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Published: 2012-07-02 00:00:00

The recent Queensland fruit fly scare in Auckland is a classic example of the environmental and economic threats posed by pests, says Waikato Regional Council.

The council is working to raise public awareness of these threats during national Biosecurity Month 2012.

“Council staff are at the forefront of preventing animal and plant pests from entering our region and controlling them when they are established here,” said council biosecurity group manager John Simmons.

“The Auckland fruit fly scare highlighted the important role of biosecurity in protecting industry, the environment and the economy.”

In recent years the council has worked with other agencies in successfully defending the region against three ‘new arrival’ pest plants: bat-wing passion flower, Chinese knotweed and sea spurge.

Sea spurge (Euphorbia paralias) was found on a beach near Aotea Harbour in February this year. This sand dune invader probably arrived on ocean currents from Australia, where it has caused major environmental problems at many beaches.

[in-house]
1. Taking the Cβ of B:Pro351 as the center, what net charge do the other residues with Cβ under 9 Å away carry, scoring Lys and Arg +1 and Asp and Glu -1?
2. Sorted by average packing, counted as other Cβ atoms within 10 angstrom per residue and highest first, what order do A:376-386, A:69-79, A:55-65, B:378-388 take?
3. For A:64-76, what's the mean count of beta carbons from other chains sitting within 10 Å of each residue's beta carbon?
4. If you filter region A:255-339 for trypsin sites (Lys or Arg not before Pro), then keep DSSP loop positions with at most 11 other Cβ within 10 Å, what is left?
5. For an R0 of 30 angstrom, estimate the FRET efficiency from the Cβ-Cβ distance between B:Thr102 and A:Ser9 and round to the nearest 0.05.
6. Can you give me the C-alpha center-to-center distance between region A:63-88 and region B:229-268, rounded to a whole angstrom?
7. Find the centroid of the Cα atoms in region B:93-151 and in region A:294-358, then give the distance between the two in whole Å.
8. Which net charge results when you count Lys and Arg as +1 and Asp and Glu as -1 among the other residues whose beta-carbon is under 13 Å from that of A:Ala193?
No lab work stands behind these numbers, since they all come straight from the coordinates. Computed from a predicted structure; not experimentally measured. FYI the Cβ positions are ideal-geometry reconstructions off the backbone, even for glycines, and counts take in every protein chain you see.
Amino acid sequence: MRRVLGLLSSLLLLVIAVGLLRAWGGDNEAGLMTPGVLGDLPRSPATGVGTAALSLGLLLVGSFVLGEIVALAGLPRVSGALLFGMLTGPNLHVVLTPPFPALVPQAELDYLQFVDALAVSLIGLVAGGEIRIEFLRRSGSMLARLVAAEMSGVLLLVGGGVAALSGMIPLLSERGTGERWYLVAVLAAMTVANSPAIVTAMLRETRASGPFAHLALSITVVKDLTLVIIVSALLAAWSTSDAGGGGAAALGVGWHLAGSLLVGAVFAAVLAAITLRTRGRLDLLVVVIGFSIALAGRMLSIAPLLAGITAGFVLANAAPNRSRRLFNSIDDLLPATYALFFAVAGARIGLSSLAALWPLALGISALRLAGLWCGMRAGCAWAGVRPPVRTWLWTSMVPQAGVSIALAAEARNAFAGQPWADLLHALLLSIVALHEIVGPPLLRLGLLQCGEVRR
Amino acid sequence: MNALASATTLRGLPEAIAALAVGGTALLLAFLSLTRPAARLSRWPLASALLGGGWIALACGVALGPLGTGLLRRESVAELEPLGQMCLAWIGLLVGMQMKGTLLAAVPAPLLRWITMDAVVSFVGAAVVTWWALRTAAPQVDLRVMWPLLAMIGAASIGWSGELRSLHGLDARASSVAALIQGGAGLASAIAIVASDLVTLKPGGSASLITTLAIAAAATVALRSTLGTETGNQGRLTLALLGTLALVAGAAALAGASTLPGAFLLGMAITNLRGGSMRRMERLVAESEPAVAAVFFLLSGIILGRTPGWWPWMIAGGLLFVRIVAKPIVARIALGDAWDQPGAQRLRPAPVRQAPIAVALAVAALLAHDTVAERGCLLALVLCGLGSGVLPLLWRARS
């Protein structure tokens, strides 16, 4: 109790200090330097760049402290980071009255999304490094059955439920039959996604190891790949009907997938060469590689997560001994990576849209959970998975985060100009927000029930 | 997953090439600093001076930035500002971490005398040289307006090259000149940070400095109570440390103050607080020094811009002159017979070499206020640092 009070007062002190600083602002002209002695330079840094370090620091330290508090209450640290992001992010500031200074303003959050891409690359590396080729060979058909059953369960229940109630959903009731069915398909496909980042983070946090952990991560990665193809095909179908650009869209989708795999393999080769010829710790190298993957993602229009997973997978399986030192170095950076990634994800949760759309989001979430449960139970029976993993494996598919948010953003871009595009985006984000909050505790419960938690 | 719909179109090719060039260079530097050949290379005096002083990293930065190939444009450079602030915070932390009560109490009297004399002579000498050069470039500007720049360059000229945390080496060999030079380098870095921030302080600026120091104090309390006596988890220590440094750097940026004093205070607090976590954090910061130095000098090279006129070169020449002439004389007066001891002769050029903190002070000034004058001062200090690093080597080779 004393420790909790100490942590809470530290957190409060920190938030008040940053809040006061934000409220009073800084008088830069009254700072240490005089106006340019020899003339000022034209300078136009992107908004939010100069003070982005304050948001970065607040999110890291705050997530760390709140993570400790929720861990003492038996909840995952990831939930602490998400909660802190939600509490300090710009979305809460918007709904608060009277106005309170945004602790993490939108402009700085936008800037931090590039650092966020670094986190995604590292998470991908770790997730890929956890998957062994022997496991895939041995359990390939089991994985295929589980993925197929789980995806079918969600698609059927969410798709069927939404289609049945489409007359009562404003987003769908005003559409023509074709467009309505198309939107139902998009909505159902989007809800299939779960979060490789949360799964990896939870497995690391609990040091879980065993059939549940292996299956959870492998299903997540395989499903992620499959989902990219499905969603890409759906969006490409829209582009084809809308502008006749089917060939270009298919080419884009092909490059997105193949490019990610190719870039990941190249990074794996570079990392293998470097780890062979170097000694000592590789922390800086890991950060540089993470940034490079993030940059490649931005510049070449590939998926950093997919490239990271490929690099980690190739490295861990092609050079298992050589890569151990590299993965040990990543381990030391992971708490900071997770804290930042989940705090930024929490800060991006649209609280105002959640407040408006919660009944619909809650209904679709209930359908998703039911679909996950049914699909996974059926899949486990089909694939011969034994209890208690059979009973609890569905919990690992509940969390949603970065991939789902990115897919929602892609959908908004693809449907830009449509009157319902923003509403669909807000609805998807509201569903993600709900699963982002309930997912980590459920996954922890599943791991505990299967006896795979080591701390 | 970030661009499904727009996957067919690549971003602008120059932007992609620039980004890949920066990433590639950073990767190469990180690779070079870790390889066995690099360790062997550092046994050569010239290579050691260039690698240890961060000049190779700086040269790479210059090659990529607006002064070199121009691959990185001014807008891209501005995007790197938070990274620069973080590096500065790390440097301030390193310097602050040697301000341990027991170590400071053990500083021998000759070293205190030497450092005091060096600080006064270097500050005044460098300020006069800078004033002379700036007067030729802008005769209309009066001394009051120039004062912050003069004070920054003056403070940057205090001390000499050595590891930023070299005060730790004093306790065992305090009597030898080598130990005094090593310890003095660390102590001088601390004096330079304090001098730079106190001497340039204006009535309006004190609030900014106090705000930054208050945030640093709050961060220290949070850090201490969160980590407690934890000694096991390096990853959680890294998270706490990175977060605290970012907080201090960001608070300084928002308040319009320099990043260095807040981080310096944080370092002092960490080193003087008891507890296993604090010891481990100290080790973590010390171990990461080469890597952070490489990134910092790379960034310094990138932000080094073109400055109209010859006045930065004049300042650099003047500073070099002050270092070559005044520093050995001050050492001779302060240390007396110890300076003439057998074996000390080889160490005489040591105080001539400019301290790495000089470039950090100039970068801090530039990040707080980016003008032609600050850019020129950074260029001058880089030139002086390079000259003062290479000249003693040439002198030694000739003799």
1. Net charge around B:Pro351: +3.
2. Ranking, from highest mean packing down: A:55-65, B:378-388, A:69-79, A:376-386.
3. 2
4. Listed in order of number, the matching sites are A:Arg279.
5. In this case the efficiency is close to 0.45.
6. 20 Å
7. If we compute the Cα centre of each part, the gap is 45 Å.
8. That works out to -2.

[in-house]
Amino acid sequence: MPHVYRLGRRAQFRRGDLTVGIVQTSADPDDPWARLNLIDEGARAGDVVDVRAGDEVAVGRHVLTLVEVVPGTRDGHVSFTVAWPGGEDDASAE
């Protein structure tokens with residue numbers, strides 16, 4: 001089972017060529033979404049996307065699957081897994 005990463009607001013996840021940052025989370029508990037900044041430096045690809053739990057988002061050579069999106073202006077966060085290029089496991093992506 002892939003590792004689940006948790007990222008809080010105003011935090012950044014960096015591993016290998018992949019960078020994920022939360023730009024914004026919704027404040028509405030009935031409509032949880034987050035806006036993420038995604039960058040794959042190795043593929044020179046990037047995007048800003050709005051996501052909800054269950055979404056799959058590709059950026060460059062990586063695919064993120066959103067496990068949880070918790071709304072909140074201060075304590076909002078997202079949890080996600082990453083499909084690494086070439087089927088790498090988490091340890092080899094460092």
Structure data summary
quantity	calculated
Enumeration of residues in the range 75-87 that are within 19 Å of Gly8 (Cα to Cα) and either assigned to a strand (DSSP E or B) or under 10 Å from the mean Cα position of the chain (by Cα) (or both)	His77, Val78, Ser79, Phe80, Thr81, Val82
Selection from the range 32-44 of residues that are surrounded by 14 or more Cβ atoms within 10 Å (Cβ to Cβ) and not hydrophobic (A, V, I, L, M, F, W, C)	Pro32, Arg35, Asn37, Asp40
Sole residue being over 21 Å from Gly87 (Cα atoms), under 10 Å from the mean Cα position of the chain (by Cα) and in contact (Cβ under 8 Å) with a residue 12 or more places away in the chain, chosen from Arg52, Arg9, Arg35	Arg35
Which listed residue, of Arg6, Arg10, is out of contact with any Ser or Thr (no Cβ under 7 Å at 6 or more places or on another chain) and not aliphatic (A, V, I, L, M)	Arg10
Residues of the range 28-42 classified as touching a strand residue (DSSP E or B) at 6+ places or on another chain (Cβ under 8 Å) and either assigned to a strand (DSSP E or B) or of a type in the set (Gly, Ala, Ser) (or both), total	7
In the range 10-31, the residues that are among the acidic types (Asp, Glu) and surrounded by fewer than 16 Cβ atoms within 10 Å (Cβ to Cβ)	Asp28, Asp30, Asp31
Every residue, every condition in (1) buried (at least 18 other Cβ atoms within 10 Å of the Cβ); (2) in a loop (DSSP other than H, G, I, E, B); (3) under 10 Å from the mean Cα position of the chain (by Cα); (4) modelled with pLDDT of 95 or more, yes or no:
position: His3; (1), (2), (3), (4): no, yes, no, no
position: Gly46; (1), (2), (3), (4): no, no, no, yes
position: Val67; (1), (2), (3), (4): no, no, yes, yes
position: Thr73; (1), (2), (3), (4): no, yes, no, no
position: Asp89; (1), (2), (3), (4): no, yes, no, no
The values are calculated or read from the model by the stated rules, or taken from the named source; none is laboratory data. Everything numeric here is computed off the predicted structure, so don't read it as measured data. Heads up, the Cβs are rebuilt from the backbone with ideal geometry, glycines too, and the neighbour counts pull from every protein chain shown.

The invasive vine Chinese knotweed (Persicania chinensis), found in two gardens in Hamilton in July 2011, was contained and destroyed. The vine spreads rapidly and smothers native plants, forest areas and horticulture operations.

Bat-wing passion flower (Passiflora apetala) was found in a contained site at Thames in 2010. It is a very invasive climber, with the ability to smother, shade and strangle its host plants. It is a threat to New Zealand’s environment and has the potential to impact on economic, biodiversity, social and cultural values.

“The regional council’s biosecurity work is focussed on eradication and control of the worst pests. As a result, our native plants and animals, tourism, agricultural and horticultural industries and our health all benefit,” Mr Simmons said.

“From helping tui and native bats in urban Hamilton through Hamilton Halo and Project Echo respectively, to controlling pasture weeds to increase farmers’ profits, biosecurity benefits all of the community in some way.”

The council is running a Biosecurity Month quiz so people can test their knowledge and go in the draw to win some great prizes. Visit to enter, and for more on the council’s biosecurity work, including practical information such as garden weed identification and control.